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What are some of your unpopular opinions about food?

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  • AnnPT77AnnPT77 Member, Premium Posts: 18,789 Member Member, Premium Posts: 18,789 Member
    lemurcat2 wrote: »
    I read some book on the rise of cake mix and other convenience foods. It was something of a women's social history of the 1920s-1960s or some such told through that lens. I can't recall the name of it, but if I look tomorrow I might be able to find it (I don't recall if I still have the book). Anyway, it was pretty interesting. One point is that people wanted a middle ground between just add water or buy premade goods and doing everything from scratch, and the add eggs but premixed dry ingredients seemed to fit.

    I also read this series of books written in the '50s as a kid, and in one of them the main character (who was from a less well off family) really wanted to be able to cook/eat the processed options and thought her mother's cooking from scratch was embarrassing. When she took over shopping and cooking for a while because her mother had to go tend to a family emergency, she quickly realized that not only was this too expensive, but not as filling/tasty. I think it's interesting that the class implications have shifted a lot, as cooking from scratch now is likely a status thing for many, while obv easy processed stuff (even when likely across classes) is cheap, so certainly has no status.

    I used to live in a very upper middle class professional neighborhood (my current one is more mixed), and the grocery store did a great business in super over priced pre cut veg/fruit, while people tended to disdain (or claim to disdain) other types of convenience foods.

    Anyway, I don't actually like to bake that much and rarely do (oddly enough I wanted to be good at it as a life skill so used to bake but losing weight gave me the freedom to admit that baked goods are rarely worth the cals for me and I like cooking but not baking -- I much prefer tossing ingredients together based on whim/what sounds good), so it's common for me not to have either mixes or the flour/sugar/baking powder type ingredients on hand. I bought some sugar before Christmas and just recently bought some flour because I wanted to make chicken and dumplings (I had baking powder for some reason), but I often don't have either on hand. I do pretty much always have eggs. Milk I have to buy if I need. I have cocoa for some reason, largely because I rarely use it. I think I bought a Bob's Red Mill brownie mix a couple of years ago because it was supposed to be tasty and lower cal, but have not used it. It's probably still in my pantry.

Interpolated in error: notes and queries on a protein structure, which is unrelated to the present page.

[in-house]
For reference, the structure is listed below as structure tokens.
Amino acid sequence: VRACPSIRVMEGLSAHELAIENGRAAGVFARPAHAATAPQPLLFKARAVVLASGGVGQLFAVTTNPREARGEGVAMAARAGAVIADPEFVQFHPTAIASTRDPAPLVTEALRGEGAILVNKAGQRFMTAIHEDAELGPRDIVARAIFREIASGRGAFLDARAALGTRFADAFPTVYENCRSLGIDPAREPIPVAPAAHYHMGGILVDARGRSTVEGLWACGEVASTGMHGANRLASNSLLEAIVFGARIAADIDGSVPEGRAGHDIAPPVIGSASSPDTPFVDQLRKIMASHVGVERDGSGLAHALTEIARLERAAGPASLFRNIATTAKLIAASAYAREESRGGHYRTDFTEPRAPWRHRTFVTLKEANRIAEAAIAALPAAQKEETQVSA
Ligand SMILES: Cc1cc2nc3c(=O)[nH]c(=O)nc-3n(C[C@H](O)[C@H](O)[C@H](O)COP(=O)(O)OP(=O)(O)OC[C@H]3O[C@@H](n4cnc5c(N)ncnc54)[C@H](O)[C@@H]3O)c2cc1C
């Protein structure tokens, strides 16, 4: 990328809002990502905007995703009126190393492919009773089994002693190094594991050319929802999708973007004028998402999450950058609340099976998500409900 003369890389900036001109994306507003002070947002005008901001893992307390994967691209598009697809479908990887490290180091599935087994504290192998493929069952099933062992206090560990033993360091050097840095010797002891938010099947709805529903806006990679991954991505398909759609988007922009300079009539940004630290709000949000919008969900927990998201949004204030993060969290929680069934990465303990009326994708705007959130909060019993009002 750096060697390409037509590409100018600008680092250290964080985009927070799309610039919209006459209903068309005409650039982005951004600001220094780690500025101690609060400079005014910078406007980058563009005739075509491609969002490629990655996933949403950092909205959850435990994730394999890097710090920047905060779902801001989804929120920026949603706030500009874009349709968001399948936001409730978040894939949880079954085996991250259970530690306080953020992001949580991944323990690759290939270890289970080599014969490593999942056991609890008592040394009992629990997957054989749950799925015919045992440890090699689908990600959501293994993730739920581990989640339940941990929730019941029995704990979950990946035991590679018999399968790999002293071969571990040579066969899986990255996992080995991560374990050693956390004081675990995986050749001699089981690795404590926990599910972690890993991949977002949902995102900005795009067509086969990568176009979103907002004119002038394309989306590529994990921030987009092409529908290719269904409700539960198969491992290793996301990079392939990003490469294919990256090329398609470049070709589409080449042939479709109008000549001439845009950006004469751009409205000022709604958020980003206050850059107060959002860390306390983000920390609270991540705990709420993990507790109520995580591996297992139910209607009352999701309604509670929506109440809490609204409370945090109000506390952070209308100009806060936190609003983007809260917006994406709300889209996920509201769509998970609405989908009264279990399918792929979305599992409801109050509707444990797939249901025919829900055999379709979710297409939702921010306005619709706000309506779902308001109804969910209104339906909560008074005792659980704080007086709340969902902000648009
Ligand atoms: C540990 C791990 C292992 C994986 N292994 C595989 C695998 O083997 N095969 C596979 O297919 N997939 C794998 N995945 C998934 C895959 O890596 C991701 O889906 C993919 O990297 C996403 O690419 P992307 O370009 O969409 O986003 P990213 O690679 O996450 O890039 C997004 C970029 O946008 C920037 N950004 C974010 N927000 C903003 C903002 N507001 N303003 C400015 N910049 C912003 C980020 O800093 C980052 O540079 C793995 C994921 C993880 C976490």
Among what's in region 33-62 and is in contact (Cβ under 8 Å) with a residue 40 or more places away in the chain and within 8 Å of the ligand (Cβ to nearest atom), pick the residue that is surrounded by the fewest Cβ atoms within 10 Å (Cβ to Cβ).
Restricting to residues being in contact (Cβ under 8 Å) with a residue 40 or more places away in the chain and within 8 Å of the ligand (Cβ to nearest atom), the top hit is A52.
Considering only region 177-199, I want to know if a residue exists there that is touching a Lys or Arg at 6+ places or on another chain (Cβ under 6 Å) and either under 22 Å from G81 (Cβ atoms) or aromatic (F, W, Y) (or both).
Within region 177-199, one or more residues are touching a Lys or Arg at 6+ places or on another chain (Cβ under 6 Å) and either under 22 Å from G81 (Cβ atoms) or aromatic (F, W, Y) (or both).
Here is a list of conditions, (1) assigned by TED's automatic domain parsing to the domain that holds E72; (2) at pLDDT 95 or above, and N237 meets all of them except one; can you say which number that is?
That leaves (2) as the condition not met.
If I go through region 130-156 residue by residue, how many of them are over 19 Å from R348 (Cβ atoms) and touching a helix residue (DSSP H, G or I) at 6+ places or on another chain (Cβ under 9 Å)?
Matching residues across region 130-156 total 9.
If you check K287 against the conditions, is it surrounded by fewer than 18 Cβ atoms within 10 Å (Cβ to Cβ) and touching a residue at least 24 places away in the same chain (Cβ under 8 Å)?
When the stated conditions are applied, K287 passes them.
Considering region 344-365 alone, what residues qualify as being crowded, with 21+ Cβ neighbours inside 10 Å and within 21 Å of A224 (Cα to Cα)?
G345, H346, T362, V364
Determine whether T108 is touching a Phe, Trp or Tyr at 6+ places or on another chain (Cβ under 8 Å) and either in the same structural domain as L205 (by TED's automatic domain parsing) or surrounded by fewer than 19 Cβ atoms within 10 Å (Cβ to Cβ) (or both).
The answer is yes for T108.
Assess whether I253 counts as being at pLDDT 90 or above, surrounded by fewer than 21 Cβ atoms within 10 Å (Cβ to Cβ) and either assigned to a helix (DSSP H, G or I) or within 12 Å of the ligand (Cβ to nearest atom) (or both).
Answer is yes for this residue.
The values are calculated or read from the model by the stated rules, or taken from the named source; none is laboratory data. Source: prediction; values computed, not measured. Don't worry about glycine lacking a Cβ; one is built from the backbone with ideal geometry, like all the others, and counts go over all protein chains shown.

The bolded was my understanding from my marketing classes when I was briefly in MBA school back in the 80s, too: That the first cake mixes were the "just add water" type, and they were not well accepted because of being seen as . . . I dunno, not special enough, or not trying hard enough or something . . . but that requiring adding egg and milk or oil or somesuch was apparently enough to make it feel homemade and fresh, so that increased acceptance. (I generally agree with your social class observations, too: I was raised rural, lower middle/blue collar working class, and worked in a small city/white collar setting, the latter in everything from a trailer park to the suburbs, so I've seen a variety of socio-economic contexts, and they've changed in some kind of ironic ways over time.)

    If the cocoa is unsweetened, try it in savories, if you haven't. I like it in veggie chili or some soups/stews, for example. (That ought to count as an unpopular opinion, and make this post on-topic, I'm thinking?)

    I don't use flour very fast these days (also not very baked-goods oriented, but keep it around . . . in my basement chest freezer, in tight containers, so it keeps for a really long time. I always have eggs, milk, and oil; have found baking powder to keep OK longer than alleged; and I think refined sugar would survive nuclear apocalypse and centuries beyond, alongside the cockroaches. Yeast is the one that can (truly) expire here, before I get around to using it.
  • lemurcat2lemurcat2 Member, Premium Posts: 6,772 Member Member, Premium Posts: 6,772 Member
    Yeah, the cocoa is unsweetened, has kept well so far. It was nice to have when we did a Day of the Dead thing with Mexican hot chocolate.

    My last flour got infested with some mites, but it was also way past the supposed expiration date--I just use flour very rarely. Sugar seems to last longer and is weirdly less likely to get infested, but I tend to buy it in much smaller quantities too. Milk I can never use before it goes bad since just din't use it that much unless I buy it for a specific purpose. (This is why I'm a fan of homemade cashew milk, since I always have cashews on hand.) I've been buying milk more lately since I've been experimenting with making yogurt. Oil, yeah, I have on hand. Yeast I used to have on hand when I made bread, but not for ages.
  • frankwbrownfrankwbrown Member, Premium Posts: 1,104 Member Member, Premium Posts: 1,104 Member
    I love the idea of adding unsweetened cocoa to savory foods. I love chocolate with hot peppers... like a good mole sauce.
  • corinasue1143corinasue1143 Member Posts: 4,863 Member Member Posts: 4,863 Member
    Agree so much.
    Miss real fruit juice gummy snacks.
    Bet if crazyravr/justtomek was still here, he could come up with a recipe!
  • frankwbrownfrankwbrown Member, Premium Posts: 1,104 Member Member, Premium Posts: 1,104 Member